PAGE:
Studies have shown that owning a pet may help you live a longer, healthier and happier life thanks to the complex ways that animals can affect human emotions. A study published in the Journal of American Geriatrics Society suggested that elderly people who live with pets tended to be healthier both physically and mentally than those who didn’t. Plus, the experimental residential home Eden Alternative has filled their facility with over 100 birds, cats, dogs, rabbits and chickens and has proven to have a 15% lower mortality rate than other traditional nursing homes.
Pets can provide companionship
Pets can give older people a sense of purpose and provide companionship to those who would otherwise live alone. They protect older people against a sense of social isolation and the negative emotions this can cause. For young people who live alone, it’s easier to get out and maintain a social life but older people, particularly those with health and mobility problems, sometimes the only company they will have on a daily basis is their pet. A pet will give unconditional love and affection no matter what.
Allows owners to be more active
All pets need feeding, watering and grooming and sometimes even walking so they encourage their owners to be more active on a daily basis. Any activity can promote cardiovascular health for the elderly and helps to keep their joints flexible and limber. Even if it seems like a minor exercise, doing it frequently will benefit the way that they’re able to carry out the tasks they have to do in the home.
They can reduce stress and depression
The emotional benefits of owning a pet will probably be more noticeable than the physical benefits. By reducing loneliness, pets can in turn reduce the effects of depression that can often occur in the elderly if they are not close to any family or friends. Touching an animal that is your pet has been proven to reduce levels of stress and anxiety because you experience feelings of calmness and affection.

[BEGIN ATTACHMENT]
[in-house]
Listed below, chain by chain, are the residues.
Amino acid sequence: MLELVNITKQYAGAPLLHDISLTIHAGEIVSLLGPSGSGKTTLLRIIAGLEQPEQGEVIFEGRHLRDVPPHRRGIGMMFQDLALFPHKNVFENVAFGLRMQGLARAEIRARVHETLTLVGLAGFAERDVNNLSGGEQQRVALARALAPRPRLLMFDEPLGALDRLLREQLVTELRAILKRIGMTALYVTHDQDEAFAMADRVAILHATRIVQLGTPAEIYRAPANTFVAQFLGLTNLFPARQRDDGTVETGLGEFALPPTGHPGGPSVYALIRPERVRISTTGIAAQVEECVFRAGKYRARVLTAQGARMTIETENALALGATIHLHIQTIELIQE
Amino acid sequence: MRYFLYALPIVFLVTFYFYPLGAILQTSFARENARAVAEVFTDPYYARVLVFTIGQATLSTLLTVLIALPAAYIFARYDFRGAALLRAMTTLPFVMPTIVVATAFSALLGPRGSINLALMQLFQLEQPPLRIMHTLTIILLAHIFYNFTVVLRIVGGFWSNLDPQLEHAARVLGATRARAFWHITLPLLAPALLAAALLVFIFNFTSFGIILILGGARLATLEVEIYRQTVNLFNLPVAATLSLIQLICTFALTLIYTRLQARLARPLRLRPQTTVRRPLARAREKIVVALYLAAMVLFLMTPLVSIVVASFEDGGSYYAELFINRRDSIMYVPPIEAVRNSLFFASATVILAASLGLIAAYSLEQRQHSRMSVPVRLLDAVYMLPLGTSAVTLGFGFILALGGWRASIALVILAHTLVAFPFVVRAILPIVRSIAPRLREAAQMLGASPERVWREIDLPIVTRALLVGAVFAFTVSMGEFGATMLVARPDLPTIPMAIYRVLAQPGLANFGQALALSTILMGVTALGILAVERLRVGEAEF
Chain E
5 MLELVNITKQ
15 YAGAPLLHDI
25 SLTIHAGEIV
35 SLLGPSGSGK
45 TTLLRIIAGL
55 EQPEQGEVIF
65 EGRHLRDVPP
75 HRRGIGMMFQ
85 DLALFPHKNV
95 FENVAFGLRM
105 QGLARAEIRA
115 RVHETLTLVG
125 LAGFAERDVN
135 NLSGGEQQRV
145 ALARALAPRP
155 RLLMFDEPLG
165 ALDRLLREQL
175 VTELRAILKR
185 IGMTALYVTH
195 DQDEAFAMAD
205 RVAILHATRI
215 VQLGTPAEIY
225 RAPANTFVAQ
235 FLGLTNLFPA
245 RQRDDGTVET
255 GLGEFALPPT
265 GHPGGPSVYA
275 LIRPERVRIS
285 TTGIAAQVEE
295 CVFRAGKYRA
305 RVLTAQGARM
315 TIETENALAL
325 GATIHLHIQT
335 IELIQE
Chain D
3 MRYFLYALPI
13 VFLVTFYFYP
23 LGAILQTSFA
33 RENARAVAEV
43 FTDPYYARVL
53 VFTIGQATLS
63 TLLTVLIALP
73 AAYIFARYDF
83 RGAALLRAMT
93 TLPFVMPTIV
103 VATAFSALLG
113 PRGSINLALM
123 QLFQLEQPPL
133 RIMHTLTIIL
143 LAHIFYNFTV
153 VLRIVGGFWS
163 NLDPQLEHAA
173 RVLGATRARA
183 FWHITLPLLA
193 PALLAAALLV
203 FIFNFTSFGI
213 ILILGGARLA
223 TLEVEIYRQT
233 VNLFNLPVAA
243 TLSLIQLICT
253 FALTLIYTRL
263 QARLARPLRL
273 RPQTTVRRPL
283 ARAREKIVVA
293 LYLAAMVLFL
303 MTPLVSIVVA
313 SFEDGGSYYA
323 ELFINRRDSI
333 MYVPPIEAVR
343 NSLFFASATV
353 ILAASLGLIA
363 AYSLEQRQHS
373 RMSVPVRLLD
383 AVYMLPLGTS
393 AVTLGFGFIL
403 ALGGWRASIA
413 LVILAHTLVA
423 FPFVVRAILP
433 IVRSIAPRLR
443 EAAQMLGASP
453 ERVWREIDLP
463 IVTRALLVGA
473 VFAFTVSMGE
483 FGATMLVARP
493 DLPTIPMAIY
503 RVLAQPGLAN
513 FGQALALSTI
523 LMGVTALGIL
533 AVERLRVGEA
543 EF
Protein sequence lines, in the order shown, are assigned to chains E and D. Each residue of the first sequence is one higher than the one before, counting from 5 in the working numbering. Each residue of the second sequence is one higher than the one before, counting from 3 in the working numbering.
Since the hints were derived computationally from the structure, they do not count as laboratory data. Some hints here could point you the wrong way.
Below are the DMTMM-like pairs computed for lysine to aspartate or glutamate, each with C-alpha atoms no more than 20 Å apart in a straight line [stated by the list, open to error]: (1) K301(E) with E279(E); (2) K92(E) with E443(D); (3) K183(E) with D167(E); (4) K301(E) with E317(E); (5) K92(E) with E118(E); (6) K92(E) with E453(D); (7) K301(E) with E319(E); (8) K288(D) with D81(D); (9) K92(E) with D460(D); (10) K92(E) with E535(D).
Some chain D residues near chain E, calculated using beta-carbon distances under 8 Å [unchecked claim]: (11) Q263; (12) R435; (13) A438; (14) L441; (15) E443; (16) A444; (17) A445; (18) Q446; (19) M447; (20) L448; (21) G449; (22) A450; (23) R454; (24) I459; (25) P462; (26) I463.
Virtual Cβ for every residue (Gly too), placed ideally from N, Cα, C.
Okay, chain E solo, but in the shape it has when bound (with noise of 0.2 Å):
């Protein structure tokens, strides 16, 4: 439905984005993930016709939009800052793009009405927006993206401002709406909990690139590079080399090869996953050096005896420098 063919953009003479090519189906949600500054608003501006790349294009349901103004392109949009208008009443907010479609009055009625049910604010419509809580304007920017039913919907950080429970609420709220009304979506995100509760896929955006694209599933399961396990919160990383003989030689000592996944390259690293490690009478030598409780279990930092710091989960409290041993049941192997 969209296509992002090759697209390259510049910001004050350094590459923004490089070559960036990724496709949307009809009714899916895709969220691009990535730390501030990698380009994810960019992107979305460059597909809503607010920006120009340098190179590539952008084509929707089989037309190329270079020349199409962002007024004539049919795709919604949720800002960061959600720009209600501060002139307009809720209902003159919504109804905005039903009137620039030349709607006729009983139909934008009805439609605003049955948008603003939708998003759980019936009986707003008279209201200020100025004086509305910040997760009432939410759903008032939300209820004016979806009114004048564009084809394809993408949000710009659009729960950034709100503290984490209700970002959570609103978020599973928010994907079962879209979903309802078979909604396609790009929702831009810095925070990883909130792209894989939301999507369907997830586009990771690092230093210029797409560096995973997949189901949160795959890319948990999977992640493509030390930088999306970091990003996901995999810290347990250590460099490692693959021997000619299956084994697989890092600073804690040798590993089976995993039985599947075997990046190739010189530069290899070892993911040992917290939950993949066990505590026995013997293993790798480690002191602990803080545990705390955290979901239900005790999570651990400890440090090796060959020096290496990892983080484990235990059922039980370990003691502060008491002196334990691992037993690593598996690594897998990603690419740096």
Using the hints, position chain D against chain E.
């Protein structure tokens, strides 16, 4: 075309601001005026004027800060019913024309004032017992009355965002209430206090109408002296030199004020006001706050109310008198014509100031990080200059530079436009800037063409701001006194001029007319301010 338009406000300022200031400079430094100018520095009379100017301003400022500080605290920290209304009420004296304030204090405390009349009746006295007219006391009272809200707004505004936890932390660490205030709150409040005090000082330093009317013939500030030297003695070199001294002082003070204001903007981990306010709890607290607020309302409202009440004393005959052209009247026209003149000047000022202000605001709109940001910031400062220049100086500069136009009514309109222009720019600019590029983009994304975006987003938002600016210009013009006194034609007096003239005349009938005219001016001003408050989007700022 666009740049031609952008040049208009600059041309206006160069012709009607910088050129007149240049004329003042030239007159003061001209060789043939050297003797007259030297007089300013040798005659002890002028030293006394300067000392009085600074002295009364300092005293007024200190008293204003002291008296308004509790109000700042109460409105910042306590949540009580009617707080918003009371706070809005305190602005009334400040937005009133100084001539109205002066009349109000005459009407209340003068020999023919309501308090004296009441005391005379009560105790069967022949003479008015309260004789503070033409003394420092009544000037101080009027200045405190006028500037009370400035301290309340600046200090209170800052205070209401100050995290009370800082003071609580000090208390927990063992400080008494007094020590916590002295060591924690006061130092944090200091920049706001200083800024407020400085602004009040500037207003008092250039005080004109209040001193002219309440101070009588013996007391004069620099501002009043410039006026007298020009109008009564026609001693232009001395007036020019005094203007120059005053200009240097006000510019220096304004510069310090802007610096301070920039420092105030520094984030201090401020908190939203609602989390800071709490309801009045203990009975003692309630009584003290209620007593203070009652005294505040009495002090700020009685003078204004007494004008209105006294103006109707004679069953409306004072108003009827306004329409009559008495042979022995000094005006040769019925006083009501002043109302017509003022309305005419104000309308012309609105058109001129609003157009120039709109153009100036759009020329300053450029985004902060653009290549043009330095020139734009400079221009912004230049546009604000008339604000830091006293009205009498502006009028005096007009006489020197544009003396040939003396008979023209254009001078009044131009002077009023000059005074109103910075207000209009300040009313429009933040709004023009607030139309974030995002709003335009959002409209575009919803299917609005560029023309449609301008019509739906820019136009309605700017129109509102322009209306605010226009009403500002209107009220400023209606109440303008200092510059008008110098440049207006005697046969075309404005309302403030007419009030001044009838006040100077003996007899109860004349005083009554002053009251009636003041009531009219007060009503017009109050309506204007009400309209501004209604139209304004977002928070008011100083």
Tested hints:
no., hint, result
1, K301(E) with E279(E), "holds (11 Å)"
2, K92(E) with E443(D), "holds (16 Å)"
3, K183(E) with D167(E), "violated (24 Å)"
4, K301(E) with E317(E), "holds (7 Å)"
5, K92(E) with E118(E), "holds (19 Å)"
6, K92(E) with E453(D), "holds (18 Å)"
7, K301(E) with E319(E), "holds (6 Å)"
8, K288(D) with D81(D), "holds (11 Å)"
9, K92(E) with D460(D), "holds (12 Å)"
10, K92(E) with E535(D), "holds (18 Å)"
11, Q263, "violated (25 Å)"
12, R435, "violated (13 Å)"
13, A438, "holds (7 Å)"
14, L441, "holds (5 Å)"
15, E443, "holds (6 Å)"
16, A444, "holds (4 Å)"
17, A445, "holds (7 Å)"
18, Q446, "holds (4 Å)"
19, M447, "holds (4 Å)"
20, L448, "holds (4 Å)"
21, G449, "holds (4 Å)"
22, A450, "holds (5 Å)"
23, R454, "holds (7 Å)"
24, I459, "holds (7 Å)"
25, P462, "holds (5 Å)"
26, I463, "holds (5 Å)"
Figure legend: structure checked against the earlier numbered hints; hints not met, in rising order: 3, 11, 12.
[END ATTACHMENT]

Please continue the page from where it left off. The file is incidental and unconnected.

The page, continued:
Something to focus on
Owning a pet gives an elderly person a sense of responsibility that they may feel they are lacking, particularly if their children have grown up and moved away. All pets will need feeding, grooming and generally caring for and this can be a huge but rewarding thing for elderly people to focus on and relieve boredom. Plus, animals are non-judgemental in their interactions with people and the positive attention that pets will give to their owners can help to keep them happy and restore feelings of self-worth that they may have lost over the years. Everyone wants to feel needed, and seniors are no exception.
Give a sense of security
If an elderly person lives alone they can often feel afraid and owning a pet can give them a sense of security that they need. Dogs, in particular, can warn off intruders and alert seniors to the presence of people that may be at their door.